Trump and the Tongue

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Published on: March 16, 2016

A debate has raged in recent days over where to place the blame for the physical altercations at Donald Trump rallies. Some say the fault is with Trump and his incendiary rhetoric. Others say he is blameless and the fault should be laid entirely at the feet of the MoveOn.org and Black Lives Matter protesters.

As far as Trump is concerned, the Bible is plain that words have real-life consequences for which we will have to answer. Jesus told us, “[O]n the day of judgment people will give account for every careless word they speak” (Matthew 12:36).

James 3:5-8 reminds us that “the tongue is a fire … setting on fire the entire course of life, and set on fire by hell.” The word translated “hell” here is “Gehenna,” a reference to the festering, smoldering, burning garbage dump on the outskirts of Jerusalem.

The point here is that words can start destructive and consuming fires. An entire forest can be burned to the ground by one man with a match. A man cannot walk away from inflammatory rhetoric any more than an arsonist can walk away from his torch.

Here are just a few examples of provocative language Trump has used at his rallies, language which has the effect of encouraging physical aggression:

  • “I’ll beat the crap out of you.”
  • “Part of the problem … is nobody wants to hurt each other anymore.”
  • “The audience hit back. That’s what we need a little bit more of.”
  • “In the good old days this doesn’t happen because they used to treat them very, very rough.”
  • “Try not to hurt him. If you do, I’ll defend you in court, don’t worry about it.”
  • “I’d like to punch him in the face.”
  • “Knock the crap out of them.”
  • “Maybe he should have been roughed up.”
  • “I don’t know if I’ll do the fighting myself or if other people will.”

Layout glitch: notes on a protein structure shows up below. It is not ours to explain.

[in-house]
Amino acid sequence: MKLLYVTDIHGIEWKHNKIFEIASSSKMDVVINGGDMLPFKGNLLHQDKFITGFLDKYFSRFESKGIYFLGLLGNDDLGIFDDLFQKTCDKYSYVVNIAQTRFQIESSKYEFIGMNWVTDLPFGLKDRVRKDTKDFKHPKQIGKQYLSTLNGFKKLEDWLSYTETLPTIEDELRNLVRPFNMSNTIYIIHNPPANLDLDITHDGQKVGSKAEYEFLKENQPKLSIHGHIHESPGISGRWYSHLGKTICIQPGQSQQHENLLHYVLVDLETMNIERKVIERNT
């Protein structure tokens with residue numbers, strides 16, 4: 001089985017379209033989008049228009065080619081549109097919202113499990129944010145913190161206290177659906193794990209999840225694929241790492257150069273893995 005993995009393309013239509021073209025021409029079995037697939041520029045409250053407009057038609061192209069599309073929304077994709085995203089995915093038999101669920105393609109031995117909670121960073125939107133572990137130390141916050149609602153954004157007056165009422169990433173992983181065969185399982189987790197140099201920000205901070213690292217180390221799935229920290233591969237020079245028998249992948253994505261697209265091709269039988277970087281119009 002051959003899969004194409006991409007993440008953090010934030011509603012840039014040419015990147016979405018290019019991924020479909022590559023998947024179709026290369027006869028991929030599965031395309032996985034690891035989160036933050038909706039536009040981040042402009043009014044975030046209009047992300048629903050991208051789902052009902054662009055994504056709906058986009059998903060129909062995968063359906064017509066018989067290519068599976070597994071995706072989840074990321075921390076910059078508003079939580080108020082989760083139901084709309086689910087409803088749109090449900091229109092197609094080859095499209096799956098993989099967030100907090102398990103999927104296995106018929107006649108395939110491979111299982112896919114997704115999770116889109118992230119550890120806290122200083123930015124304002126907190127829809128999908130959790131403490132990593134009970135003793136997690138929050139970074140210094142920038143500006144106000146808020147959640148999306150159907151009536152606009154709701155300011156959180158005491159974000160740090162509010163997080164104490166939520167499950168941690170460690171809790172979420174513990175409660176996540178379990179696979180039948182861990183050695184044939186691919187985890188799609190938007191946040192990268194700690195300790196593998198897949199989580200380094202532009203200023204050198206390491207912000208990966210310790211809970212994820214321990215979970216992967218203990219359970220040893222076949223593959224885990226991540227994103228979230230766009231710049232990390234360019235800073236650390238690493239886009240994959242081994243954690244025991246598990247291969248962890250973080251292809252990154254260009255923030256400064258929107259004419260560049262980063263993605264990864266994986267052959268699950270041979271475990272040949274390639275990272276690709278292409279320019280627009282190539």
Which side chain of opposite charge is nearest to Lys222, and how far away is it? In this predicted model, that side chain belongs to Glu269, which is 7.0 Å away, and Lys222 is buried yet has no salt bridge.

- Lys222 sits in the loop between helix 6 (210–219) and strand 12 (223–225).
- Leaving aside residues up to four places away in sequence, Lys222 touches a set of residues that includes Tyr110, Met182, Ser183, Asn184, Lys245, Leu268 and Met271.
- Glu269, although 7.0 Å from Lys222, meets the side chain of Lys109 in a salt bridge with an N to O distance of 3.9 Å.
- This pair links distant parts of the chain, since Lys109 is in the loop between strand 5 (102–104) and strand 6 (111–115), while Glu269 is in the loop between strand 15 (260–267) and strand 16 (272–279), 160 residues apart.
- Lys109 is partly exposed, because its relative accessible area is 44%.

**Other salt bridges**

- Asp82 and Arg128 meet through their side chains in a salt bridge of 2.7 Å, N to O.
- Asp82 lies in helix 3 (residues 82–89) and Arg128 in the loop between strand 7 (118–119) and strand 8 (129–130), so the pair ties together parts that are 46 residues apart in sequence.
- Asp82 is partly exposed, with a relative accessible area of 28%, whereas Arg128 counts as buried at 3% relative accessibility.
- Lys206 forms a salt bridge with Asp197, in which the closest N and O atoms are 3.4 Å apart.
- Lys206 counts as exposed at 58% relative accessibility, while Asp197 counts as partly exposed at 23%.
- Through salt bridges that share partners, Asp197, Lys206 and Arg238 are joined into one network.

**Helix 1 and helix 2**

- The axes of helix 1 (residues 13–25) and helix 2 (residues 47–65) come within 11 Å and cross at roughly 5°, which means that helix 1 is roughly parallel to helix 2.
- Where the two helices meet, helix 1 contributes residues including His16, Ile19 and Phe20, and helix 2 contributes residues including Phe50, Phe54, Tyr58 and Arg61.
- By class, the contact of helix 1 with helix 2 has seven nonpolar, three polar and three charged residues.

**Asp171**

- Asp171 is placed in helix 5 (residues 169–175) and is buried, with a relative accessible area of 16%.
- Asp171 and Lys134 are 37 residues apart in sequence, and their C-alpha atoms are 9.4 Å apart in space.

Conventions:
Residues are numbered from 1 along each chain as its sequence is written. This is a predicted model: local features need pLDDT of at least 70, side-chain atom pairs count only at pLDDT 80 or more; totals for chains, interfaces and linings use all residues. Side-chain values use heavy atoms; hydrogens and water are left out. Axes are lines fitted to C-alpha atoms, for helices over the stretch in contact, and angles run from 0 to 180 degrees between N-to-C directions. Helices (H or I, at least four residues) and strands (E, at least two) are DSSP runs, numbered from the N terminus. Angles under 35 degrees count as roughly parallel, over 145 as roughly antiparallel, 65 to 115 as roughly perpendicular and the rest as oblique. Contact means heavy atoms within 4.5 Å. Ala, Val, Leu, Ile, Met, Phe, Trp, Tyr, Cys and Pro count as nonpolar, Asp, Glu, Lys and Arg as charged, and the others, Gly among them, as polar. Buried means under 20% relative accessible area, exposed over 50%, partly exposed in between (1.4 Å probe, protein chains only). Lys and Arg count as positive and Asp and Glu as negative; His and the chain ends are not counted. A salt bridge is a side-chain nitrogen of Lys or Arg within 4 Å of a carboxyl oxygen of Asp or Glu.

We cannot give Trump a pass on this kind of speech just because organized disrupters show up at his rallies. The other candidates in the race do not use this kind of language. Marco Rubio did in one debate, and now regrets it as something that embarrassed not only himself but his children. Sen. Cruz debates protesters rather than calling on his supporters to punch them out.

Nor, to be sure, can we give protesters a pass either. We all get provoked every day by language we find offensive. Part of mature character is responding to such provocative language with self-control rather than fisticuffs or obnoxious and disruptive behavior. The protesters should be held accountable for every bit of their anarchic behavior. Security can and should remove them if they do not behave, and it’s certainly appropriate to press charges against them where criminal behavior has occurred.

It’s fair to say that Donald Trump is accountable for the pugilistic atmosphere he has created at his rallies. There is no reason for evangelicals and other conservatives to give him a pass or excuse his intemperate language. And the protesters must be held accountable for their immature, juvenile, and destructive responses to this atmosphere. Trump is accountable for the atmosphere, and the protesters are accountable for their response to it. No one, Trump included, has covered himself with glory here.

Mr. Trump does not understand that punkish antagonism must not be mistaken for strength and bullying must not be mistaken for leadership. Donald Trump has not learned this lesson. But voters can.

(Unless otherwise noted, the opinions expressed are the author’s and do not necessarily reflect the views of the American Family Association or American Family Radio.)

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